Described as a "forest of masts," San Francisco's Gold Rush waterfront was a floating economy of ships and wharves, where a dazzling array of global goods was traded and transported. Drawing on excavations in buried ships and collapsed buildings from this period, James P. Delgado re-creates San Francisco's unique maritime landscape, shedding new light on the city's remarkable rise from a small village to a boomtown of thousands in the three short years from 1848 to 1851. Gleaning history from artifacts—preserves and liquors in bottles, leather boots and jackets, hulls of ships, even crocks of butter lying alongside discarded guns—Gold Rush Port paints a fascinating picture of how ships and global connections created the port and the city of San Francisco. Setting the city's history into the wider web of international relationships, Delgado reshapes our understanding of developments in the Pacific that led to a world system of trading.
Gold Rush Port The Maritime Archaeology of San Francisco’s Waterfront
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The rapid rise of San Francisco between 1849 and 1856 engaged the attention of contemporary nineteenth-century observers and subsequent historians. In that period, San Francisco grew from a small village of a few hundred to a city of thousands. It also became the principal American port on the Pacific Ocean. Interpretations as to how and why the city grew into this role vary, although all accounts note the role of the discovery of gold in California and the subsequent "Gold Rush" as causative factors (for example, Taylor 1850; Capron 1854; Soulè, Gihon, and Nisbet 1855; Hittell 1878; Bancroft 1888; Eldredge 1912; Caughey 1948; Lotchin 1974; Holliday 1981).
In 1854, E. S. Capron summarized the contemporary view of the events leading to the creation of San Francisco:
Previous to the year 1848, the wildest imagination could scarcely have conceived that a large and populous city would suddenly arise under the flag of the Union on that remote and alien shore; or that the waters of that silent harbor would be whitened with the canvas of every nation, and be vocal with the restless commerce of the world. But enterprise is not now the tardy nag it was forty years ago; the sentiment "perseverantia vincit omnia" is not, at this day, a merely literary flourish or theoretic idea, but is a practical fact; and its truth has never been more signally illustrated than in the history of San Francisco—a history that has no parallel in the annals of the world (122–123).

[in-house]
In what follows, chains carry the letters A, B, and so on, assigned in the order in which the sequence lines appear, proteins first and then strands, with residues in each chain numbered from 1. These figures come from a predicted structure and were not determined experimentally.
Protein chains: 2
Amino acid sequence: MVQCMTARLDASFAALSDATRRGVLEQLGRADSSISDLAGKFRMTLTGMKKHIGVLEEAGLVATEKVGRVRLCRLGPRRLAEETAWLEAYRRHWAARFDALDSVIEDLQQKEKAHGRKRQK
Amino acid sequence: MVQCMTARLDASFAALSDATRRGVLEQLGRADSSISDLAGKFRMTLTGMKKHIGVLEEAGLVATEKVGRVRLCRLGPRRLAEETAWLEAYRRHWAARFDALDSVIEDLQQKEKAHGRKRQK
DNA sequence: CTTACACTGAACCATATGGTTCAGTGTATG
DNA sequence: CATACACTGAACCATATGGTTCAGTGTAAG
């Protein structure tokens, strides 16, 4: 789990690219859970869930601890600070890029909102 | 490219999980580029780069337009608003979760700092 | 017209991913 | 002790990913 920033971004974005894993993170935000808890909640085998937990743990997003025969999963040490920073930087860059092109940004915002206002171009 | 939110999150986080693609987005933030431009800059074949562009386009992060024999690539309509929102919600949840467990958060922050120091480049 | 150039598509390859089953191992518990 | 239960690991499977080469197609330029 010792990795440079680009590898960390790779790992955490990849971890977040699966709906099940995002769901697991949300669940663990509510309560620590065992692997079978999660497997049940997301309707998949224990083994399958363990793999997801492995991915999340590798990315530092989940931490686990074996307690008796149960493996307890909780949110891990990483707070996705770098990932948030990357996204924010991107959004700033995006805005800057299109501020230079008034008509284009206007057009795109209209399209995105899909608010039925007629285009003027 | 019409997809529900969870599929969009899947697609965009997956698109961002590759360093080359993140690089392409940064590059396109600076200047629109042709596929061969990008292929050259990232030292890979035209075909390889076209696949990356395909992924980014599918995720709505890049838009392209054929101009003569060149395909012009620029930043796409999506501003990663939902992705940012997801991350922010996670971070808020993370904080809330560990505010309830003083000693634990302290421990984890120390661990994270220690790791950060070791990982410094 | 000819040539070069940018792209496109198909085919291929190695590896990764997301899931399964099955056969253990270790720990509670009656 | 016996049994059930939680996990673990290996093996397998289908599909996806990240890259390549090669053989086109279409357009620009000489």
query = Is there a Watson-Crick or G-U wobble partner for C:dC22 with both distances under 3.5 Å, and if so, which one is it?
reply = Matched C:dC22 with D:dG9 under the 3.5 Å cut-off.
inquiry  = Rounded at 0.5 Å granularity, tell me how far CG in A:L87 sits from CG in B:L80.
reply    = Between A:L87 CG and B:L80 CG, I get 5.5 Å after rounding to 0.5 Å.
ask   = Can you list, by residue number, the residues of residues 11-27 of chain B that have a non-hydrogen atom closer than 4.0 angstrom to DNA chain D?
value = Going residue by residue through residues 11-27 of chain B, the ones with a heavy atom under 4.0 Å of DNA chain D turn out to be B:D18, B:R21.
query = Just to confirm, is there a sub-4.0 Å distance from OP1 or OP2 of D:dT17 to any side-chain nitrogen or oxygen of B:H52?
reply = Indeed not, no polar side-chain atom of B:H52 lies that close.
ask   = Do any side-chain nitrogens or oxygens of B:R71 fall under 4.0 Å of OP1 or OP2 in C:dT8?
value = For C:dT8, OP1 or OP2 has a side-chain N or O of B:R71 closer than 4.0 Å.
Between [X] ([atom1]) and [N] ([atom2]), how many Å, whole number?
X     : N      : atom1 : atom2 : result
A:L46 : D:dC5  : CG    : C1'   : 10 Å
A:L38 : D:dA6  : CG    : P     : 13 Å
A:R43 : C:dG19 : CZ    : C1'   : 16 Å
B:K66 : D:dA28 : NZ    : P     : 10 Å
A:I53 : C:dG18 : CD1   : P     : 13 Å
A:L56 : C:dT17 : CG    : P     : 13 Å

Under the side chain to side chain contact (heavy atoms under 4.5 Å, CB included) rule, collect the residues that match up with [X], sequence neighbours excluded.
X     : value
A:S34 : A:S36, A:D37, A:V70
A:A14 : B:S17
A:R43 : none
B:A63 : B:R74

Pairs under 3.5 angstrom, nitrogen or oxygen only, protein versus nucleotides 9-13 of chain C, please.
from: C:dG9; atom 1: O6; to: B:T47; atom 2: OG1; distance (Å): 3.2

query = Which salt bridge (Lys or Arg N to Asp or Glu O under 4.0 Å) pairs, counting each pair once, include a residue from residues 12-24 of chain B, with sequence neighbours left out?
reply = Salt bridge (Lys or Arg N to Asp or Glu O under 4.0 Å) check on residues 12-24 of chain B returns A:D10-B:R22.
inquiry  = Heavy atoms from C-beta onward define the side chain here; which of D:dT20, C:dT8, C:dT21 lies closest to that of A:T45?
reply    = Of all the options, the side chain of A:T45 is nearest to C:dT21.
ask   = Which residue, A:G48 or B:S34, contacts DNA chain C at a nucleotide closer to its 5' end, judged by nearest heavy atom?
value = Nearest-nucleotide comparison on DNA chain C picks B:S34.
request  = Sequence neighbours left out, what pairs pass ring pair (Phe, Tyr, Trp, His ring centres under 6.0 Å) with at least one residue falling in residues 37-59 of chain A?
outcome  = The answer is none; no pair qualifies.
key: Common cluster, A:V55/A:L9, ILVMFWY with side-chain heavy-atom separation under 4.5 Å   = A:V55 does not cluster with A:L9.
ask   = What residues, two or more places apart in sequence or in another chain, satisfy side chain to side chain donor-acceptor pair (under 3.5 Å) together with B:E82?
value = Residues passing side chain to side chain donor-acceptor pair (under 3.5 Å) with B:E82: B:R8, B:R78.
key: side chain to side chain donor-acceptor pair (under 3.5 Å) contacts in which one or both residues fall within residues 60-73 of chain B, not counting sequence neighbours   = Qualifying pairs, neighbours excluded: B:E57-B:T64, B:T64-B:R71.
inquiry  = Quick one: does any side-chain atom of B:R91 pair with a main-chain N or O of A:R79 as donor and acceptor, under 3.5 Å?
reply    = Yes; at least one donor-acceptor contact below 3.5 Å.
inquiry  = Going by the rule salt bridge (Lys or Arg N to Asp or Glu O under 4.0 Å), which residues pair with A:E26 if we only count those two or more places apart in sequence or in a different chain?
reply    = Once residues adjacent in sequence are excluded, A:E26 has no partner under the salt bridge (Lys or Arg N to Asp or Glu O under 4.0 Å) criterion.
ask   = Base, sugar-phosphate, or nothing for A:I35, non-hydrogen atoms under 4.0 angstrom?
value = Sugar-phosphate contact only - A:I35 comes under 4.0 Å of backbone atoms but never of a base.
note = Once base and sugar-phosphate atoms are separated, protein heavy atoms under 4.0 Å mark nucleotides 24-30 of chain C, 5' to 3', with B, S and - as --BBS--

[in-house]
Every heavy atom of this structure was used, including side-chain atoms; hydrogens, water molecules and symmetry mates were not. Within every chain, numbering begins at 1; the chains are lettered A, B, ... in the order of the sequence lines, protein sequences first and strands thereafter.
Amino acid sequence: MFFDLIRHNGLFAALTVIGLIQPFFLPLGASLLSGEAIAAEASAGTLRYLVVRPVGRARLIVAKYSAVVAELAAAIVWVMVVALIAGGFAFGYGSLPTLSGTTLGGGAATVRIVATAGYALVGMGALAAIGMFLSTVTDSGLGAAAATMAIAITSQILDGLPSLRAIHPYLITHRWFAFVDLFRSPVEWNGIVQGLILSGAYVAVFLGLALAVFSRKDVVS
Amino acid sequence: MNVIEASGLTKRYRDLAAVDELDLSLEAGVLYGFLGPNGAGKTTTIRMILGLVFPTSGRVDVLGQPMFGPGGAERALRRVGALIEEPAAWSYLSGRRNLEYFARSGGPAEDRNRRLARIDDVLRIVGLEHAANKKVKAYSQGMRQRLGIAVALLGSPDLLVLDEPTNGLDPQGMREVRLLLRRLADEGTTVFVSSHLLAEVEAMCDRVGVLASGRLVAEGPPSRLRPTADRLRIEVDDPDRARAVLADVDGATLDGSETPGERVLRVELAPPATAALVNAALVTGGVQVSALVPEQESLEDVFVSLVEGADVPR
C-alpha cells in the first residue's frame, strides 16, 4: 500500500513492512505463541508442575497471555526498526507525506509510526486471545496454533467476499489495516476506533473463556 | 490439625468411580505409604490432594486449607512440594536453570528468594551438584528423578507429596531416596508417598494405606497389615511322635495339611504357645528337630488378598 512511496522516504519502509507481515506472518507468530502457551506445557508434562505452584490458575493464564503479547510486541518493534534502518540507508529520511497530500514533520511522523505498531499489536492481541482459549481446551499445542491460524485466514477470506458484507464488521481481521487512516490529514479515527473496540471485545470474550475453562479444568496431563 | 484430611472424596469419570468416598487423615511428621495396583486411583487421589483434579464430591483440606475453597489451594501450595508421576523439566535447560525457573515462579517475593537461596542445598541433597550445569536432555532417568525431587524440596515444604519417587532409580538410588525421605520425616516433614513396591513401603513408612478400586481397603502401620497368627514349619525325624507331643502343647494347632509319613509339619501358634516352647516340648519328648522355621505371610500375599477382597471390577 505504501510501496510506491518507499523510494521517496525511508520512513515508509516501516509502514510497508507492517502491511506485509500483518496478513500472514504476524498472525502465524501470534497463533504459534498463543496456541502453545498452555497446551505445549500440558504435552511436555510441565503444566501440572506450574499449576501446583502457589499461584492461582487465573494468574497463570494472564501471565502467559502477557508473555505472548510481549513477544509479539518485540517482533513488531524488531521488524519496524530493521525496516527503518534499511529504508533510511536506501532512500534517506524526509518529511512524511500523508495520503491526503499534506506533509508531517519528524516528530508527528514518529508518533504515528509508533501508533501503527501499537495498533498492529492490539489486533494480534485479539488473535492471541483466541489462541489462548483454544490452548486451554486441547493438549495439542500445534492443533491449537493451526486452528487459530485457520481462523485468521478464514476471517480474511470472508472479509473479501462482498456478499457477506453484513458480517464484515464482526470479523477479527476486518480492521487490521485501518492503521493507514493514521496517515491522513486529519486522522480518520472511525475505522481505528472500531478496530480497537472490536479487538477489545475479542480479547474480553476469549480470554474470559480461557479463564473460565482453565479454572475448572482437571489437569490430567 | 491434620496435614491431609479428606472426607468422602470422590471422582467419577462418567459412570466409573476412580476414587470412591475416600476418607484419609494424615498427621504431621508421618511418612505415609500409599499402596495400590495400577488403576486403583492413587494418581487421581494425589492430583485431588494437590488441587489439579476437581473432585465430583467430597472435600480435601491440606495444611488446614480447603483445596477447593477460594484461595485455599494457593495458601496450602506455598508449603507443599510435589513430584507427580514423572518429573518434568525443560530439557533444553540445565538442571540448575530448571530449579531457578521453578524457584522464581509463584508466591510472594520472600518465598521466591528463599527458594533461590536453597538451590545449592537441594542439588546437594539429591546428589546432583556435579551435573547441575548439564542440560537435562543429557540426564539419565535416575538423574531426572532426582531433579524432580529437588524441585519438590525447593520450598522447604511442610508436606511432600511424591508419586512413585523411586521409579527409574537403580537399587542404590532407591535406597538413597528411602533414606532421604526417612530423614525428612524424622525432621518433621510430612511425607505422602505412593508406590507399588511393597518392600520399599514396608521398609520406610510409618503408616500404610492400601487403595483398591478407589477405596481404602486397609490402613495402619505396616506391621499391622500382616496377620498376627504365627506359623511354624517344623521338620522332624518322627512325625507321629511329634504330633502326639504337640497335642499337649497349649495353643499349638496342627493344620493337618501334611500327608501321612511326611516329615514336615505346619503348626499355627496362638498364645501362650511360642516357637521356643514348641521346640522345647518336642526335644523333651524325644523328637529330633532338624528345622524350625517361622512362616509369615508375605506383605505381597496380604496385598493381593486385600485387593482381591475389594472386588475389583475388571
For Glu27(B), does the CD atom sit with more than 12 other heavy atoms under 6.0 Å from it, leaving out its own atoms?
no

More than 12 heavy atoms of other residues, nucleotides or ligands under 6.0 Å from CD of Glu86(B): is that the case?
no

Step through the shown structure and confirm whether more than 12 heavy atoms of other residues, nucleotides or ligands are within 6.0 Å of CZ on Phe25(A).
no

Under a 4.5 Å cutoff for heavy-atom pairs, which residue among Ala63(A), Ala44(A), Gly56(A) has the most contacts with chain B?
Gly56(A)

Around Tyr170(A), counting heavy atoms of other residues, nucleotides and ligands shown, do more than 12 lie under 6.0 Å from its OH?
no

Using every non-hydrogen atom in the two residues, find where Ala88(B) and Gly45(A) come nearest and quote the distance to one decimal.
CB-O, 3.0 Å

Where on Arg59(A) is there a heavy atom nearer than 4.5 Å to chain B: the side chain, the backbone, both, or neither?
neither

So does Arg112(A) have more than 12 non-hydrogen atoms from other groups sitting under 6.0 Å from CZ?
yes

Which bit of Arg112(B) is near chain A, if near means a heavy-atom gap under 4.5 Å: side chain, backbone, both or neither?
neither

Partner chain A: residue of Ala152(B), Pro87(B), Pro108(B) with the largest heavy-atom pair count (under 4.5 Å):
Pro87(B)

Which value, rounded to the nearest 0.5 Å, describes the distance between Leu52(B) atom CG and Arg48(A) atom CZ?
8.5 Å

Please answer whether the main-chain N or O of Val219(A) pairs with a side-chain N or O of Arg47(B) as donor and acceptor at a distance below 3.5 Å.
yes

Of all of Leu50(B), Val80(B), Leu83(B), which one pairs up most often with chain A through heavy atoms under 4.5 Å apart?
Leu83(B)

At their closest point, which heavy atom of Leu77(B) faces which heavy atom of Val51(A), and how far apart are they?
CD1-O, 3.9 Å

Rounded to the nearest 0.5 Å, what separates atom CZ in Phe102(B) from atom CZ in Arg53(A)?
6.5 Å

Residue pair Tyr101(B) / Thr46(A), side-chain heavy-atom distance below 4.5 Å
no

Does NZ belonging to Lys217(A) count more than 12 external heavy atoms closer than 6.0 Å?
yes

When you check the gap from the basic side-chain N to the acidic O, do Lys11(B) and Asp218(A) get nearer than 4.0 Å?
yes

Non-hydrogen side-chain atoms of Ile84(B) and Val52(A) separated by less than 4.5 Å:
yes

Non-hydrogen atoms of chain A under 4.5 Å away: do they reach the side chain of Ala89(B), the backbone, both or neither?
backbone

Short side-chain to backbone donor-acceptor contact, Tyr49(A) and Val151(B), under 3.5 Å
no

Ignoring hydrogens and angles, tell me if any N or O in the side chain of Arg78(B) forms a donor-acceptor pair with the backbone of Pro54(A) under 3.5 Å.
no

Capron suggests that San Francisco was an accidental city propelled into greatness by an enthusiastic, international maritime capitalistic response to the discovery of gold in California. He is correct in part, but as I suggest in this book, the rise of San Francisco was far from accidental. Gold was not an instigator, but an accelerant, to development. The remote and alien shore Capron describes was neither. Connected to preexisting Pacific and global maritime trade and commerce, San Francisco was not a frontier in any traditional sense; it was part of a maritime frontier (Gibson and Whitehead 1993).
This book explains the rapid rise of San Francisco; in it, I propose a frontier model based on the concept of an entrepôt, or a zone of free exchange. Key to my thesis is the assertion that although the city's growth was fueled by the economic energy of the Gold Rush, San Francisco had already attracted the attention of capitalist interests in the early nineteenth century as a potential entrepôt. These interests sought to dominate Pacific trade. San Francisco's first historians, participants themselves in the process, maintained in 1855 that the port city, though established by Spain in the previous century, had lain stagnant until the arrival of capitalist interests: